Dave Avoids Being an Awkward Racist

Fourth period today, I was far afield, covering an honors physics class in J Hall; the class was full of 11th graders and I teach mainly seniors, but I recognized a couple of younger siblings-- and then one younger sibling recognized me: a tall African-American kid said that I taught his older brother Callan and we talked about him for a moment and then I got the students working on their assignment (something to do with the speed of sound and the speed of light and car antennas) and I noticed that the other African-American kid in the class not only looked like the tall kid that said I taught his brother, but he also looked like the older brother Callan . . . but I didn't say anything because I didn't want to fall into the stereotypical "they all look alike" trope . . . so I kept my mouth shut about the resemblance, but then towards the end of the period I realized that I hadn't taken attendance yet, so I read the roster aloud and checked off who was present and it turned out the that the two African-American kids in the class were identical twins . . . so not only did they look like the older black kid that I taught, but they looked exactly like each other.

Dave Does the Math

We celebrated my grandmother's 96th birthday today (we celebrated a bit early-- her actual birthday is Tuesday but she's looking good so I think she's going to make it) and she's now twice my age (I'm 48) and I won't be double my older son's age for twenty years (he's 14) and I won't double my younger son's age for 22 years (he'll be 13 in a month) and my friend Brady (who's 47) and just had a daughter won't double her age for 47 years!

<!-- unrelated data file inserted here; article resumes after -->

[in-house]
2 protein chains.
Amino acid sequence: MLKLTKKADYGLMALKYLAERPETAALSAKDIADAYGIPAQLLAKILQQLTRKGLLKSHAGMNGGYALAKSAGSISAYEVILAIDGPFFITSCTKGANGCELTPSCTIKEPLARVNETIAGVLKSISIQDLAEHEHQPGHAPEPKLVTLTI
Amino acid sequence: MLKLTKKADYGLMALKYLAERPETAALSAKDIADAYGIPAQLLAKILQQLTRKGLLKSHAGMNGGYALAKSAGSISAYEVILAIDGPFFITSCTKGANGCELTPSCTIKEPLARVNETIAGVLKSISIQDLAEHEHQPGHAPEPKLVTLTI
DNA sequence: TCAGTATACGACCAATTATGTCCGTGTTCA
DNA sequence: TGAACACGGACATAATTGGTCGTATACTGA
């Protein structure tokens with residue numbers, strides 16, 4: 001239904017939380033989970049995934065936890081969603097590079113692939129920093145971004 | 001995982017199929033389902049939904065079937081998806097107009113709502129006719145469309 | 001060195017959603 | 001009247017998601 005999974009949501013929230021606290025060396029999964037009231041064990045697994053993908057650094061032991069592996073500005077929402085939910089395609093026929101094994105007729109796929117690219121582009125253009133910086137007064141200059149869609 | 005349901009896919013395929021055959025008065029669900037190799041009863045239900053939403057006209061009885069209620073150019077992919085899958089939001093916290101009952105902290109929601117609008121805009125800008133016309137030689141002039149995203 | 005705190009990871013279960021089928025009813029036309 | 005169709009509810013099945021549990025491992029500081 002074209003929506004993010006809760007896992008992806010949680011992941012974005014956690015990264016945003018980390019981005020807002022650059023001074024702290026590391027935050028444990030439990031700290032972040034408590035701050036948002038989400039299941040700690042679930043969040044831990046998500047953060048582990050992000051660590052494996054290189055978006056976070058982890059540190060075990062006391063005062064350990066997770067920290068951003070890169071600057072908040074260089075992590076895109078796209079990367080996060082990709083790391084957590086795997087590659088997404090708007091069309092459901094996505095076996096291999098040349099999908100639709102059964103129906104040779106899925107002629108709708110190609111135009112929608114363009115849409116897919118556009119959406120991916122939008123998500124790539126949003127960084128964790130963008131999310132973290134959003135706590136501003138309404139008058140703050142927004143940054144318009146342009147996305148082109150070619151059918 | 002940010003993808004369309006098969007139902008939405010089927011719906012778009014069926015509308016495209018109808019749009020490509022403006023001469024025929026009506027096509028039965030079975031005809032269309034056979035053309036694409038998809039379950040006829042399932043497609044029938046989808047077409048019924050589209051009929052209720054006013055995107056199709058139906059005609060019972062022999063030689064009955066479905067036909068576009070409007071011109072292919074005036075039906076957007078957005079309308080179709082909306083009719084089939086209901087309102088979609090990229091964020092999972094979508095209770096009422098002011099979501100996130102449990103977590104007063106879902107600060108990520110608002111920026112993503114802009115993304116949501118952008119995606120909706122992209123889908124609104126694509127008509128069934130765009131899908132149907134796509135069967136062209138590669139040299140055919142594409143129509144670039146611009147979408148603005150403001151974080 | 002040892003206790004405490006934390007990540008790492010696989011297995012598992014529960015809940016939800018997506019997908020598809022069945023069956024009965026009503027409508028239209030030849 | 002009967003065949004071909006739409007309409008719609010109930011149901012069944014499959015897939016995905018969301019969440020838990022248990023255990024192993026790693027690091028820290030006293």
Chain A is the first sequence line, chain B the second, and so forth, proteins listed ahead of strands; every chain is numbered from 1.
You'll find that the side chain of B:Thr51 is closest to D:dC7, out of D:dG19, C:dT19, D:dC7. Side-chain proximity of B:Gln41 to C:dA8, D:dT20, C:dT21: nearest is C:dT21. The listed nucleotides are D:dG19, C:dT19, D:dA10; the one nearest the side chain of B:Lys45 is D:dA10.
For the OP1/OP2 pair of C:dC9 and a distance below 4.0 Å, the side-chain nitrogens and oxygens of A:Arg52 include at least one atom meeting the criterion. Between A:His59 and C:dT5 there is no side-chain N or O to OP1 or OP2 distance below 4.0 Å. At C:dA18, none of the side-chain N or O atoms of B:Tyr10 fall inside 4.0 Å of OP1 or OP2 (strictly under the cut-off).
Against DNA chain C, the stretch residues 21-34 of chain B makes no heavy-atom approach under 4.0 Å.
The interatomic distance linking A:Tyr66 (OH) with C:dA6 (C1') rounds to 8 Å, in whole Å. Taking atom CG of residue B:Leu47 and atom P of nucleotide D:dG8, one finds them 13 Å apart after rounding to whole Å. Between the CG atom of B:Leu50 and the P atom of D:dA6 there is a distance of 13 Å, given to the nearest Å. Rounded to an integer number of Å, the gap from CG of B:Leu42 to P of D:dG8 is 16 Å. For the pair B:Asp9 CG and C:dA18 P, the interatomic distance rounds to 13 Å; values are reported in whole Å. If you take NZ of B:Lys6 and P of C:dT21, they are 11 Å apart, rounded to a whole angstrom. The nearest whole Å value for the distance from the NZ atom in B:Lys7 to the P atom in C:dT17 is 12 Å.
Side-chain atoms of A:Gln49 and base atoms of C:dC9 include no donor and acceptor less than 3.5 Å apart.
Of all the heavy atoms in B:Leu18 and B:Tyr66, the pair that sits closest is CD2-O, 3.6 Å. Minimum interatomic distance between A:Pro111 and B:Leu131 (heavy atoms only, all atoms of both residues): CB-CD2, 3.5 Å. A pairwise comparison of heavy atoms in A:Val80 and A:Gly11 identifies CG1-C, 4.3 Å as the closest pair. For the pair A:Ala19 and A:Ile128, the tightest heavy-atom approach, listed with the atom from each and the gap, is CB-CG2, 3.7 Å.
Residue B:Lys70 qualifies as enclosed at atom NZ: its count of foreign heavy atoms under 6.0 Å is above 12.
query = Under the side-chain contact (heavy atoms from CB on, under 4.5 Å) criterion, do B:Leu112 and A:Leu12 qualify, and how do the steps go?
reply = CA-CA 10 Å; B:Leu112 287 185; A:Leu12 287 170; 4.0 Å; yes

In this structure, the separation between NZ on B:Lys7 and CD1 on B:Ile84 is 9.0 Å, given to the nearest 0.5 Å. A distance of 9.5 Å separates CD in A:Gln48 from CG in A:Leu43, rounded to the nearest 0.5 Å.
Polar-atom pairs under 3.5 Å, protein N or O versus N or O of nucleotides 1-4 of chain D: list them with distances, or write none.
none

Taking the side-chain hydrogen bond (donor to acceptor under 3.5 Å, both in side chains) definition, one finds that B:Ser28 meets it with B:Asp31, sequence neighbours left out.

Early Goals Ease a Hangover . . .

I was a little foggy this morning because Catherine and I attended a raucous dance party last night, so I was especially happy when my travel soccer team took an early 4 - 0 lead in our game . . . Ian scored two quick goals, perhaps because he has extra energy due to his grounding (caused by poor academics . . . he's got no phone, he's not allowed to hang out with friends this weekend, and he's supposed to mulch the garden-- Catherine sent him out to do so on Thursday after school, but  when she went to check on his progress, she found him taking a nap in the sun . . . as long as he keeps scoring early goals and making my life as a coach less stressful, I'm fine with him catching zzz's wherever he can).